Turkey cannot positively assess Finland, Sweden NATO accession plans
Turkey stresses that it cannot make an assessment of the situation between Sweden and Finland on the one hand and NATO on the other as the Nordic states try to join the alliance.
Ankara is closely following the developments surrounding plans for the accession of Finland and Sweden to NATO, Turkish President Recep Tayyip Erdogan said Friday, stressing that he could not assess the situation positively yet.
"We are following the process. But we do not have a positive opinion on this matter, because, before that, there was a mistake in connection with Greece. You are aware of Greece's behavior in the alliance towards Turkey," President Erdogan underlined.
He also pointed to how Scandanavian countries "have a habit of showing 'hospitality' to terrorists, letting them into parliament," citing that as the reason why Turkey could not look positively at the prospect of Stockholm and Helsinki joining the alliance.
NATO Secretary-General Jens Stoltenberg said in March that the alliance would "fast-track" the membership applications of Finland and Sweden were they to make the decision of joining the alliance.
Both countries officially confirmed on Thursday their plans to join the alliance, with the US and Germany pledging to support the Nordic states if they choose to apply for membership.
Ahead of a critical month for Sweden and Finland, June - when the two countries are likely to submit a request to join NATO - the Swedish Social Democrats are divided over the country's possible application to join the NATO alliance, ending nearly 200 years of neutrality.
Finland, alongside its neighbor to the West, Sweden, is expected to request NATO membership in the coming months - before summer. Their accession, if it were to happen, would redefine European security and would be met with opposition from Russia, which has been very vocal about its opposition to NATO's expansion.
Though Moscow opposes the alliance's expansion, it does not see the accession of Finland and Sweden into the bloc as an existential threat, Kremlin Press Secretary Dmitry Peskov underlined. However, Russia will work on its Western flank to make it more sophisticated in terms of security in the face of NATO creeping in on its northern borders.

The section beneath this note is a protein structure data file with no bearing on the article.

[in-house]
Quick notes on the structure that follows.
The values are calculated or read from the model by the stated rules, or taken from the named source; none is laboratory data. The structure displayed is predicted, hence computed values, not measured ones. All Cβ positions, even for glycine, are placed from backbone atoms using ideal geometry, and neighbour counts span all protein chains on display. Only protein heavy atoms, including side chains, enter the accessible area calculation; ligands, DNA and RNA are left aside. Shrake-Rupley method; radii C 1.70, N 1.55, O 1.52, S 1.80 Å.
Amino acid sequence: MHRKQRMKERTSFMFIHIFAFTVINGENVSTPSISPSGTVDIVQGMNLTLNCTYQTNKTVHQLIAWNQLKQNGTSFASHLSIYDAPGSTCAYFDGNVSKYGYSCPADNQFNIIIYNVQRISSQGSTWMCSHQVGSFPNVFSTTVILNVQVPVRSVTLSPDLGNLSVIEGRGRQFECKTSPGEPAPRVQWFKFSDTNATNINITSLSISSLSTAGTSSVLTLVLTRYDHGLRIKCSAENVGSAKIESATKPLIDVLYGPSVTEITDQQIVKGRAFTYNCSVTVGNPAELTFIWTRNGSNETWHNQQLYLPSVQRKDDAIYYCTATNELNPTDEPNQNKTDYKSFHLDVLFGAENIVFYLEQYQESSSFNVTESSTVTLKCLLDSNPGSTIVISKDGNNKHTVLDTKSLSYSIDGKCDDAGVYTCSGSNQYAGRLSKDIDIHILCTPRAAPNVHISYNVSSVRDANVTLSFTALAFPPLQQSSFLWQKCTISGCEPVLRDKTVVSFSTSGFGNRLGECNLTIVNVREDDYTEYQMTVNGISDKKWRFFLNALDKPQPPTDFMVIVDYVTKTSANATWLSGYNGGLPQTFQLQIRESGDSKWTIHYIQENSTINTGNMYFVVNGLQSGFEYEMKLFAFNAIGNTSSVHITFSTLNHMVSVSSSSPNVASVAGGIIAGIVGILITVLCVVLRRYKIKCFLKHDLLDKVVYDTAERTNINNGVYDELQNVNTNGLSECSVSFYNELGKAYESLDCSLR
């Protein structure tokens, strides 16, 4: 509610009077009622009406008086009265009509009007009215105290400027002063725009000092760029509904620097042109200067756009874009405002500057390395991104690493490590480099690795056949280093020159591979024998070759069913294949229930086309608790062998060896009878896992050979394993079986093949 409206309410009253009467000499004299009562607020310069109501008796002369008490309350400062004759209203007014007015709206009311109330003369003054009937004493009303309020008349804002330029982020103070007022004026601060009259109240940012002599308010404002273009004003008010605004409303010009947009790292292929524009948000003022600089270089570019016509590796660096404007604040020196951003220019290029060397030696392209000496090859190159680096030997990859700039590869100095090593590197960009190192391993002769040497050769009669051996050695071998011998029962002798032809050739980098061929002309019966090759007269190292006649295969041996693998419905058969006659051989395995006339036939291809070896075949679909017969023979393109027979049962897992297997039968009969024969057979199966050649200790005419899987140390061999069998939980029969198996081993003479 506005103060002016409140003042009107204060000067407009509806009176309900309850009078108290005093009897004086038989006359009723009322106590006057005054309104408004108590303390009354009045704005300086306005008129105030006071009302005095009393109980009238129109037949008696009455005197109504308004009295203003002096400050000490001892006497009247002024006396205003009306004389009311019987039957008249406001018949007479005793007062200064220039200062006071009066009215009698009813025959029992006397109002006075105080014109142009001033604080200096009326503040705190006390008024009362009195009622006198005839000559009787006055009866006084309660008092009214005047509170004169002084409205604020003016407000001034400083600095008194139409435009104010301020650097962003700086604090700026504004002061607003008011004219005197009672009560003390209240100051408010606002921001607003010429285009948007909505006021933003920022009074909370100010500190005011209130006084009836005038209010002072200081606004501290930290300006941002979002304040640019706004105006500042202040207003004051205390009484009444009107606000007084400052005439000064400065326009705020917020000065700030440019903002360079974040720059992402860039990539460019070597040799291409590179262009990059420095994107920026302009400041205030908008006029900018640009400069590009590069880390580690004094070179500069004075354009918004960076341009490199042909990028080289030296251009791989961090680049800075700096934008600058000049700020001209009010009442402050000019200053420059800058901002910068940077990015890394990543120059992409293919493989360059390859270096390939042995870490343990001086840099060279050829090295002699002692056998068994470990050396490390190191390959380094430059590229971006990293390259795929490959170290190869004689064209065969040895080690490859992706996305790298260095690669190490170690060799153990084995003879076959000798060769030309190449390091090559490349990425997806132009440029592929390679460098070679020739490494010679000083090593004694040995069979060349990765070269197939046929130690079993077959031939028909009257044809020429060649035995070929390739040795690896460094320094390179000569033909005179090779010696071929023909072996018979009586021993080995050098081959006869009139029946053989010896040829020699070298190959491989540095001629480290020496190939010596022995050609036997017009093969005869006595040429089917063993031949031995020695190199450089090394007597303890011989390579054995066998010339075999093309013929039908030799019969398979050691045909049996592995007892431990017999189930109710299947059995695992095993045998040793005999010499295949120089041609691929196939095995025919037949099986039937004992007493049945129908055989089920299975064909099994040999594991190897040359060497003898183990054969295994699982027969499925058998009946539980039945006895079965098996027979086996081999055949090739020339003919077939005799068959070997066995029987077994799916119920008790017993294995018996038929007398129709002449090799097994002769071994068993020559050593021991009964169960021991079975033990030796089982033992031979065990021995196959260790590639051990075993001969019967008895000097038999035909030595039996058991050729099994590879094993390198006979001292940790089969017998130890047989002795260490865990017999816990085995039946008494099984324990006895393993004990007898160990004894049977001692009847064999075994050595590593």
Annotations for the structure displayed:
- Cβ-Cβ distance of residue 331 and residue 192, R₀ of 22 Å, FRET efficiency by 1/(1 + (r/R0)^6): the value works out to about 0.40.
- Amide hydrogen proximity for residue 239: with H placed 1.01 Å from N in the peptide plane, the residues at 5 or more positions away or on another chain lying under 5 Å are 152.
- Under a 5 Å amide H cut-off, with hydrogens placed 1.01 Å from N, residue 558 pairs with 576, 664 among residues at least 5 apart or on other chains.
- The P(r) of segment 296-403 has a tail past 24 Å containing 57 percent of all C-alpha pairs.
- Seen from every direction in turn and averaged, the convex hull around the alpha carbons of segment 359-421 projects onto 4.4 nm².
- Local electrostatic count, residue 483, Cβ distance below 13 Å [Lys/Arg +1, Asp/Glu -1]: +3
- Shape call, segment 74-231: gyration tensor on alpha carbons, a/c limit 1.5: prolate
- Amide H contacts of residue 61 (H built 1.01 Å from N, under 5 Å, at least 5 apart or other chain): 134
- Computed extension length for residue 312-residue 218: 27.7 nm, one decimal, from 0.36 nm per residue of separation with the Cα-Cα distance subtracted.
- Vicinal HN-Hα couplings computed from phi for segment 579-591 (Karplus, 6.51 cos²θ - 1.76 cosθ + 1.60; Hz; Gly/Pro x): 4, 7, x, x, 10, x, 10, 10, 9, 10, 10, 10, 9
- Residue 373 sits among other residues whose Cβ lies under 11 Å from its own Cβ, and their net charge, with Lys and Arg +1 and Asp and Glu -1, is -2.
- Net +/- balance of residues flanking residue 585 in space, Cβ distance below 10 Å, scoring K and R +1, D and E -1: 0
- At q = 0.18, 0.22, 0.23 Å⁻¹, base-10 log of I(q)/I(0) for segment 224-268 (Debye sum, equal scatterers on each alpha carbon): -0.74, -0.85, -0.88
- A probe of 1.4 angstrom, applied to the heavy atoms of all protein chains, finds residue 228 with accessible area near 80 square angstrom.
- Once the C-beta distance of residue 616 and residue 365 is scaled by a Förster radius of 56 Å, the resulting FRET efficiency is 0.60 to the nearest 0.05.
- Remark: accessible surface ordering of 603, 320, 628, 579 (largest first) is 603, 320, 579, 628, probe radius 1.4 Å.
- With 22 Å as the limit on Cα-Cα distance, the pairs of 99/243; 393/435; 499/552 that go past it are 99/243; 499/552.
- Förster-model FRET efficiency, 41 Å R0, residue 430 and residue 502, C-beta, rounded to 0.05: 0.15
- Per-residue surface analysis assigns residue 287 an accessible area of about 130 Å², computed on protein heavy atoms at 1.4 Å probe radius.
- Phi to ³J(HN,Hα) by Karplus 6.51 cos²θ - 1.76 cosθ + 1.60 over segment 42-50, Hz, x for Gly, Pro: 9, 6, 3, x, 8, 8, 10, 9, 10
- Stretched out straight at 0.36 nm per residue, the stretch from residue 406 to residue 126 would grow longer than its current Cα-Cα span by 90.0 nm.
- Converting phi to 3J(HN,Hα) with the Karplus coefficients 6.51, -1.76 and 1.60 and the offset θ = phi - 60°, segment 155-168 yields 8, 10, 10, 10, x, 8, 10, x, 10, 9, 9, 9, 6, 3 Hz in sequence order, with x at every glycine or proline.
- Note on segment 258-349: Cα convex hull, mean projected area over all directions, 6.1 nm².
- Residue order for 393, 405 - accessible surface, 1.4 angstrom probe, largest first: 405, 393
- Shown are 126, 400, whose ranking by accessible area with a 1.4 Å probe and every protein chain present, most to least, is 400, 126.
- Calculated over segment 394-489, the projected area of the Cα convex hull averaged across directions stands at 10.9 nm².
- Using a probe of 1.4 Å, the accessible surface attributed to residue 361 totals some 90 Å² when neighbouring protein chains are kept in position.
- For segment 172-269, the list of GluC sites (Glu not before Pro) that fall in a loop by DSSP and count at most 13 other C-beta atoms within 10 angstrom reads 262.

The Russian deputy representative to the United Nations, Dmitry Polyansky, said Thursday the two countries would potentially become targets for the Russian military and force Moscow to take action if they are admitted to NATO.
A joint Finland-Sweden application, to be submitted to NATO ahead of its Madrid summit on June 29, is supported by advocates of NATO membership. This would give NATO time to respond with an invitation to join.
Kremlin denies reports about gas supplies shut down in Finland
As relations grow tenser between Moscow and Helsinki over NATO, Kremlin spokesperson Dmitry Peskov assured that reports about the possible shutdown of Russian gas supplies to Finland as of Friday, stressing that they were nothing but "another media hoax".
Finnish newspaper Iltalehti reported Thursday, citing a lawmaker, that the country's key politicians had been warned about the possible suspension of Russian gas supplies on May 13 due to the dispute over Helsinki's NATO membership.
Finnish legislators Harry Harkimo "confirmed" the information saying that the suspension of gas supplies to Finland was previously expected on May 23, when Helsinki was to make the next payment to Russia for gas.
"Gazprom supplies natural gas to various consumers in Europe, including countries that are NATO members. And Gazprom has repeatedly demonstrated its reliability as a company that supplies energy resources to the European continent. Therefore, most likely, these reports are just another media hoax," Peskov told reporters.
The official noted that there were no such plans to suspend supplies, redirecting further questions to Gazprom.
Russian energy giant Gazprom had announced that it completely suspended gas supplies to Bulgaria's largest natural gas distribution company Bulgargaz and Polish oil and gas company PGNiG, as the companies failed to pay for gas in rubles amid tensions between Moscow and the West about only accepting payments for energy supplies in the national currency.